Sal Buttaci’s maskuline entry into our contest

Good Morning, Literati!

Ahh!  The scent of a woman!

Sal Buttaci rose to the occasion to enter our contest “A Dozen Roses from a Single Thorn” and has given us filtered scentences to describe the aroma of his own true love!

Entries are beginning to pile up, but look for the damn to break this weekend when those of us behind the curtain will have more time for romance.

Here is


by Sal Buttaci

He imagined the black-robed, gas-masked Dr.Yaroz, scratching a claw at the blackboard and droning on like some giant insect. It was a game Armando played –– a war game that sometimes helped him blot out the stench of oppression gripping a once free America. Daydreaming served as an all too temporary respite.

Chalk in hand, Yaroz was facing them again. His dark wings, thick waving antennae, scaly crust, claws –– all gray vapors fading away. The class sat in their own black gas masks, a colony of attentive ants.

“History teaches us lessons we best heed,” Yaroz began, tossing a glance at the blackboard where he had written next to each presidential administration one, two, or more historical fiascos that impacted the nation and repeated themselves, precisely, he said, because New America refused to learn from them.

What lessons did Armando learn? He thought of Janelle. When he gazed at her sitting across the row from him, he wondered what her hidden face revealed. All that was visible were ringlets of blue-black hair drooping from her tight mask. Could she sense his sideward glances? Hear the pounding of his love-sick heart? No way of telling if she did. Her note-taking fingertips tapped away at the keyboard on her wrist.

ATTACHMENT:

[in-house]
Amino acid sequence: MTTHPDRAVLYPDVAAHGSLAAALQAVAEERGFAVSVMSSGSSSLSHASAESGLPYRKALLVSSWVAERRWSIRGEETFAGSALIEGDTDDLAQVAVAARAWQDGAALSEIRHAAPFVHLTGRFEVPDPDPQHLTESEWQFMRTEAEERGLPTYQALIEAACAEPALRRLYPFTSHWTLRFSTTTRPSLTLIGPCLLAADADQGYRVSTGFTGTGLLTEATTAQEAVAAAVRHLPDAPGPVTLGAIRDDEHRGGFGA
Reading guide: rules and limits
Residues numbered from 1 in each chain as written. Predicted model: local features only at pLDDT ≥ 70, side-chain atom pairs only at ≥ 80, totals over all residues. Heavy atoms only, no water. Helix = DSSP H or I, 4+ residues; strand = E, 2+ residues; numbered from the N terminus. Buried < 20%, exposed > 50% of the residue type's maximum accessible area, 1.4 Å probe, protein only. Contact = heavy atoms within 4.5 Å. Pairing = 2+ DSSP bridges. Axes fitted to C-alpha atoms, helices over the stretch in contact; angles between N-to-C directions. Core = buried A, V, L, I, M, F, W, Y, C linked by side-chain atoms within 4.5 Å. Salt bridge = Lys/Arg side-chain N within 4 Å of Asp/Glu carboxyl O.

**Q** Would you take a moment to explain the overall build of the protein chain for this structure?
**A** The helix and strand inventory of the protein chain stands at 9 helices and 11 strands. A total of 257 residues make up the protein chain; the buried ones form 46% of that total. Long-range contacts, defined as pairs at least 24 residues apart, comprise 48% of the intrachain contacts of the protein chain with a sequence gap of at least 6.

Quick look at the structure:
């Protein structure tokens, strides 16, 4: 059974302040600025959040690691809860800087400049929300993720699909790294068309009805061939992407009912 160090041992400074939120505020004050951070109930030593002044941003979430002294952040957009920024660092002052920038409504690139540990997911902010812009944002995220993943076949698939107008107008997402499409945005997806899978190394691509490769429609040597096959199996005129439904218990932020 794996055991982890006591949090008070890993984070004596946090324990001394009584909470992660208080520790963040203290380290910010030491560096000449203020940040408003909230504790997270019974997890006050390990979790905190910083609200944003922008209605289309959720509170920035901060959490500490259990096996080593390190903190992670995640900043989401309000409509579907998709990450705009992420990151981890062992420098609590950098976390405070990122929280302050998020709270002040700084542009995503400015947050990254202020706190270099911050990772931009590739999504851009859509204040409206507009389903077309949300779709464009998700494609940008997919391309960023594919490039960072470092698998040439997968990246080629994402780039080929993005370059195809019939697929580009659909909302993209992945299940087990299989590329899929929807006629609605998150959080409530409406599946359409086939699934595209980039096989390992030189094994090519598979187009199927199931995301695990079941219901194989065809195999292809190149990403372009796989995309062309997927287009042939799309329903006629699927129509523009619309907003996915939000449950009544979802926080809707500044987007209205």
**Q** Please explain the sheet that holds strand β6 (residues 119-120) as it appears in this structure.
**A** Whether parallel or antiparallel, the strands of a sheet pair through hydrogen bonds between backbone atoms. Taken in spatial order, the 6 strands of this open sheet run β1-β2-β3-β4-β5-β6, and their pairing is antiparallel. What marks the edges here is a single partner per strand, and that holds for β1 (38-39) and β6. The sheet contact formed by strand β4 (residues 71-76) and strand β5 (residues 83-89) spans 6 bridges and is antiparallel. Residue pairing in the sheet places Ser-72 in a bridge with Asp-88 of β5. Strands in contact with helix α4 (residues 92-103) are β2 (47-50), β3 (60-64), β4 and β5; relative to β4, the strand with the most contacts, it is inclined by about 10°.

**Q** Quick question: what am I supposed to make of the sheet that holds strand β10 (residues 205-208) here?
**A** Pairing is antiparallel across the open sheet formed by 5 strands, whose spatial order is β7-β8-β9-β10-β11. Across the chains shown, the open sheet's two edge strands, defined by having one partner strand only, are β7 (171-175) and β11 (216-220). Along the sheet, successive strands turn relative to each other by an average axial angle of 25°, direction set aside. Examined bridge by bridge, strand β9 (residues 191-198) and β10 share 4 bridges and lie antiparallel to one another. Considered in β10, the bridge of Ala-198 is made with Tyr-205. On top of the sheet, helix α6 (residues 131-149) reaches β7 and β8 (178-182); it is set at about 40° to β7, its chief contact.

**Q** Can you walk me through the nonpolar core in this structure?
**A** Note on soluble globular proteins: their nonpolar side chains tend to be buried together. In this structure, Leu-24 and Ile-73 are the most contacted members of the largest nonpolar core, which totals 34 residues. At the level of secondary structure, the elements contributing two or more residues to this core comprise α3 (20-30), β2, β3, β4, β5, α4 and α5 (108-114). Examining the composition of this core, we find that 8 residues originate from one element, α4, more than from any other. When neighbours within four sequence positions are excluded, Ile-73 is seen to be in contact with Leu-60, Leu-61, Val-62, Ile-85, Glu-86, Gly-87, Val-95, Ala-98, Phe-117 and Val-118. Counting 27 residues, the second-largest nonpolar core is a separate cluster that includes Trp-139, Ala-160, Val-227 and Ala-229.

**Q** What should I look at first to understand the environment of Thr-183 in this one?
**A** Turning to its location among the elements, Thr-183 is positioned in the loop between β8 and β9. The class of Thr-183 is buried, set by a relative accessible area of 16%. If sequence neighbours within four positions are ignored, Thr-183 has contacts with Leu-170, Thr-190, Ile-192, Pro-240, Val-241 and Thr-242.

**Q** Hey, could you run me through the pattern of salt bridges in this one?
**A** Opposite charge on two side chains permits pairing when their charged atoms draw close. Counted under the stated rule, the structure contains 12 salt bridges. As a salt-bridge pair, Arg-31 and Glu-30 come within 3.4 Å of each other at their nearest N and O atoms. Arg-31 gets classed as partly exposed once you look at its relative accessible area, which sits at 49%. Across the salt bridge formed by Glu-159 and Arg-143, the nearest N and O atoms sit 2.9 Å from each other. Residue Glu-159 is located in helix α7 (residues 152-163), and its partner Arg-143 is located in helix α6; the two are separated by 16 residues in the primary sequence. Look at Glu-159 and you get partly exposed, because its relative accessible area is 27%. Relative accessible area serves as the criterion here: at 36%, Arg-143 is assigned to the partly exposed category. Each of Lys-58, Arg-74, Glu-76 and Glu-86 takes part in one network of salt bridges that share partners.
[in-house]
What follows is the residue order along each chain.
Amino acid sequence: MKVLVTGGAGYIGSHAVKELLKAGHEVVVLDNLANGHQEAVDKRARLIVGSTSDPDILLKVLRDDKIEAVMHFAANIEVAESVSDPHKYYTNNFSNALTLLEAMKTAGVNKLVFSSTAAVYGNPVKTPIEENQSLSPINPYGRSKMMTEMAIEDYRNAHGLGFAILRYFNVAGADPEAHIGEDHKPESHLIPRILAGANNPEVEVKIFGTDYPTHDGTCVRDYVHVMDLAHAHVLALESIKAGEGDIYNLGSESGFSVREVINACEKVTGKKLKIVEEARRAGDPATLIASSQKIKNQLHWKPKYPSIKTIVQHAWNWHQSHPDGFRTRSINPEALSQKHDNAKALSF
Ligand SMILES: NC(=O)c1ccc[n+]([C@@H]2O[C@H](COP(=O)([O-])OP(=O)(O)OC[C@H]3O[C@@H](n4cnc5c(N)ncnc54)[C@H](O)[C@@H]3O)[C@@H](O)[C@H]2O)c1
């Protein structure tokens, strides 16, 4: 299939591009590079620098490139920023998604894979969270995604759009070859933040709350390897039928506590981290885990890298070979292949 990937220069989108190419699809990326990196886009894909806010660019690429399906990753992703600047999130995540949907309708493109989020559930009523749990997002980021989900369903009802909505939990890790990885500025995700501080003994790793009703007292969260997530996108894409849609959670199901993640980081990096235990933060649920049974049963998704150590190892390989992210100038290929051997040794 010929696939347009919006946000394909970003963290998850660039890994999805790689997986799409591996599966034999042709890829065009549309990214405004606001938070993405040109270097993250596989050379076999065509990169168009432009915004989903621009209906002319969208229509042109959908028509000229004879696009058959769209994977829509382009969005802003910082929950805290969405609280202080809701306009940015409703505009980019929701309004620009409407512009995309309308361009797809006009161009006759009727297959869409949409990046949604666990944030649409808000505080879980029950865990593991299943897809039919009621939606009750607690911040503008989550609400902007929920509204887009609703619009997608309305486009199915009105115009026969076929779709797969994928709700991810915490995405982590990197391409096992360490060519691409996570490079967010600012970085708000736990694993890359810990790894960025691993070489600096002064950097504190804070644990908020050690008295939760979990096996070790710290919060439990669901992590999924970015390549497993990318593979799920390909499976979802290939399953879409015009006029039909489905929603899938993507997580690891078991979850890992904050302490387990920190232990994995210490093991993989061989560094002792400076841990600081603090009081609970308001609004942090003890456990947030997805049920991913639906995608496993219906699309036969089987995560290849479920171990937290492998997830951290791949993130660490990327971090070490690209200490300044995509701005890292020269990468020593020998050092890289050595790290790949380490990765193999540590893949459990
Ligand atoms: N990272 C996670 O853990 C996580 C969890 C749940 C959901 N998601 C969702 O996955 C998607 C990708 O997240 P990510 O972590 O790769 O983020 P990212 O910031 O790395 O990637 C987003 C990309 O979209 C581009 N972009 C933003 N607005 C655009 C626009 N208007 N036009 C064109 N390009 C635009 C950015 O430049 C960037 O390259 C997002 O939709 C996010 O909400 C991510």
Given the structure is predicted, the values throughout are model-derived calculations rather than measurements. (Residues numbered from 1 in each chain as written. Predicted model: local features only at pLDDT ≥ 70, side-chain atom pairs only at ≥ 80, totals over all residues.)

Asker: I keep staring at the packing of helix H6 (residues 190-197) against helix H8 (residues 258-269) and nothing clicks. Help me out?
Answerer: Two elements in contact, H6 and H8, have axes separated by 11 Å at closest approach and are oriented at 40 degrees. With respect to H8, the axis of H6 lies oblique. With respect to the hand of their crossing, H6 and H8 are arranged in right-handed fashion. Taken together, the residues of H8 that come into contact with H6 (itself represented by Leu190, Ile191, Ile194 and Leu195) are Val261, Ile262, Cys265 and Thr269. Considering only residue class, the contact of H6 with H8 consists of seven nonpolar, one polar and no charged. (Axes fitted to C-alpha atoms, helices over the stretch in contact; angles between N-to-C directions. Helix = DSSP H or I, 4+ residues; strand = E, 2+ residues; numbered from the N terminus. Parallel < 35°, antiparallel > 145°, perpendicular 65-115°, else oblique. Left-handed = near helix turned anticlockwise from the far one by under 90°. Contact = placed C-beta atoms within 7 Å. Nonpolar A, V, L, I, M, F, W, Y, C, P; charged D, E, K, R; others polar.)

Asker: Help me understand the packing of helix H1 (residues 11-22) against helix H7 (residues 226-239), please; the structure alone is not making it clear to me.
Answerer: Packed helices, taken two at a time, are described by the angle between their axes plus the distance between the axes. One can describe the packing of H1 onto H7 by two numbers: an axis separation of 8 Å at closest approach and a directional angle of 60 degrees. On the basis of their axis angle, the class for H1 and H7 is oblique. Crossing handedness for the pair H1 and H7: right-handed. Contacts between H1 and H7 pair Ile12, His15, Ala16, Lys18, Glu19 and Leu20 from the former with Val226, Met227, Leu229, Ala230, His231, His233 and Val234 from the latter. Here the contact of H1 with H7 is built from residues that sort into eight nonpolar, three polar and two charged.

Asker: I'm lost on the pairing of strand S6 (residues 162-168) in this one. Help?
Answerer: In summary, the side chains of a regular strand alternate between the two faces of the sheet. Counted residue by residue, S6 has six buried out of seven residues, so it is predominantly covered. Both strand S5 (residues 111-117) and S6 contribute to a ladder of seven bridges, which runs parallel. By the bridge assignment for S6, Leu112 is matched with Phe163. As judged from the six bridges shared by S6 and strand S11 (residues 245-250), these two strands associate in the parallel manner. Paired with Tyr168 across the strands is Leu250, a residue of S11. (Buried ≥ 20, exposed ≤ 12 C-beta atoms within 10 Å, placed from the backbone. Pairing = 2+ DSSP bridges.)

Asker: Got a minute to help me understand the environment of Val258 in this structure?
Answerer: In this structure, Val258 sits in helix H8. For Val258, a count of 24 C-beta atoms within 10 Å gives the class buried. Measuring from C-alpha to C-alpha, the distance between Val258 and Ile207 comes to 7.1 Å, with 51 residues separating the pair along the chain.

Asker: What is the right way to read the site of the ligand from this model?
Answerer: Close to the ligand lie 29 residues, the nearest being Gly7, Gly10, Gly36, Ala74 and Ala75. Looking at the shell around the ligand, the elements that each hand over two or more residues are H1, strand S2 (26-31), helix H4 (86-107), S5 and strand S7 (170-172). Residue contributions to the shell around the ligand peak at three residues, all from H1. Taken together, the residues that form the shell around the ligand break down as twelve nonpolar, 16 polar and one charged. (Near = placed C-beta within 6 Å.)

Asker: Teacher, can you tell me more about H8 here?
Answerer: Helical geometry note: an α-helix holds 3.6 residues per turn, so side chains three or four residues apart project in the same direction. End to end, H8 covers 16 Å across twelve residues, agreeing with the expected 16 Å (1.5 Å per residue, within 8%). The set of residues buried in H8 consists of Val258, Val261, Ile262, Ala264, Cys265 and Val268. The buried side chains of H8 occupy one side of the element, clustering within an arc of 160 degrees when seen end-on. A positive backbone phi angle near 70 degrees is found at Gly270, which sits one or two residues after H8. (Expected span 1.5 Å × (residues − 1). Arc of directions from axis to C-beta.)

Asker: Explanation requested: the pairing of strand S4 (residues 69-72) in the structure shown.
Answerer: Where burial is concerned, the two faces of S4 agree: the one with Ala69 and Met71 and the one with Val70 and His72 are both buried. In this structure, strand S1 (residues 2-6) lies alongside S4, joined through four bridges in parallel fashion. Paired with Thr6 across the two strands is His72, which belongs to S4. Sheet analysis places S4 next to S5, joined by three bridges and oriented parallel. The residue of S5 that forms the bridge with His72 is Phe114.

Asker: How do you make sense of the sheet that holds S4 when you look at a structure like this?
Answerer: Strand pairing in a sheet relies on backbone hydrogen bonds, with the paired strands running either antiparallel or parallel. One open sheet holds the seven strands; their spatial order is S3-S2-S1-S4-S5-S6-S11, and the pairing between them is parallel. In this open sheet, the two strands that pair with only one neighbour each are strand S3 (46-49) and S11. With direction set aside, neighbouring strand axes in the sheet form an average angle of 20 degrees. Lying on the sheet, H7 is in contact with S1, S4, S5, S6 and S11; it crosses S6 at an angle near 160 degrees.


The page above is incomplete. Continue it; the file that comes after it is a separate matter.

Yaroz waved his bony arms and wildly ranted over the misdeeds of a presidential line that stretched from George W. Bush to Findlay Taft and all the traitors in between, particularly Taft whose downright audacity to scrap the Constitution, declare it null and void, led to his execution on the White House lawn. Crowds of attendees rivaled that of his inauguration when Americans in their red-white-and-blue respirators stood shivering in the chemically poisoned Washington winter air .

“A damn traitor!” screamed Yaroz. “This the man who tried to claim divine right to office because another Taft once ruled –– a fat man whose abominable girth could not manage to fit itself in a tub, let alone afford him the right to rule a nation!”

Armando blinked away the old professor, morphing him into the love of his eighteen-year life. Janelle. He loved the song of her name, the way it fluttered like the hummingbirds  that nibbled at the nectar of Old America’s trumpet honeysuckle vines. If he believed in angels, she would be one.

Yaroz smiled, corn-yellow teeth flashing dully. “With Taft’s demise, General Brewster and the New Army will set things right.”

Armando wanted to believe the ban on physical love would be lifted. Babies would be born again the old-fashioned way. He could approach Janelle with a convincing kiss, an embrace, then let human nature run its course. This was his dream, but it was only a rumor. Governments rose and fell; they never righted wrongs. Yaroz said it best. “History teaches us lessons we never learn.”

Now Yaroz was affirming it at the board. “All current laws remain in effect.” Then he said, “End of lesson. Single-file out of here until Wednesday, promptly at nine.”





Salvatore Buttaci was the 2007 recipient of the $500 Cyber-wit Poetry Award. His poems, stories, articles, and letters have appeared widely in publications that include New York Times, U. S. A. Today, The Writer, Writer’s Digest, Cats Magazine, The National Enquirer, Christian Science Monitor, A Word with You Press, Pen 10, and Six Sentences.


His latest collection of short-short fiction, 200 Shorts, is available at


His first collection of 164 flash stories, Flashing My Shorts, also published by All things That Matter Press, is available at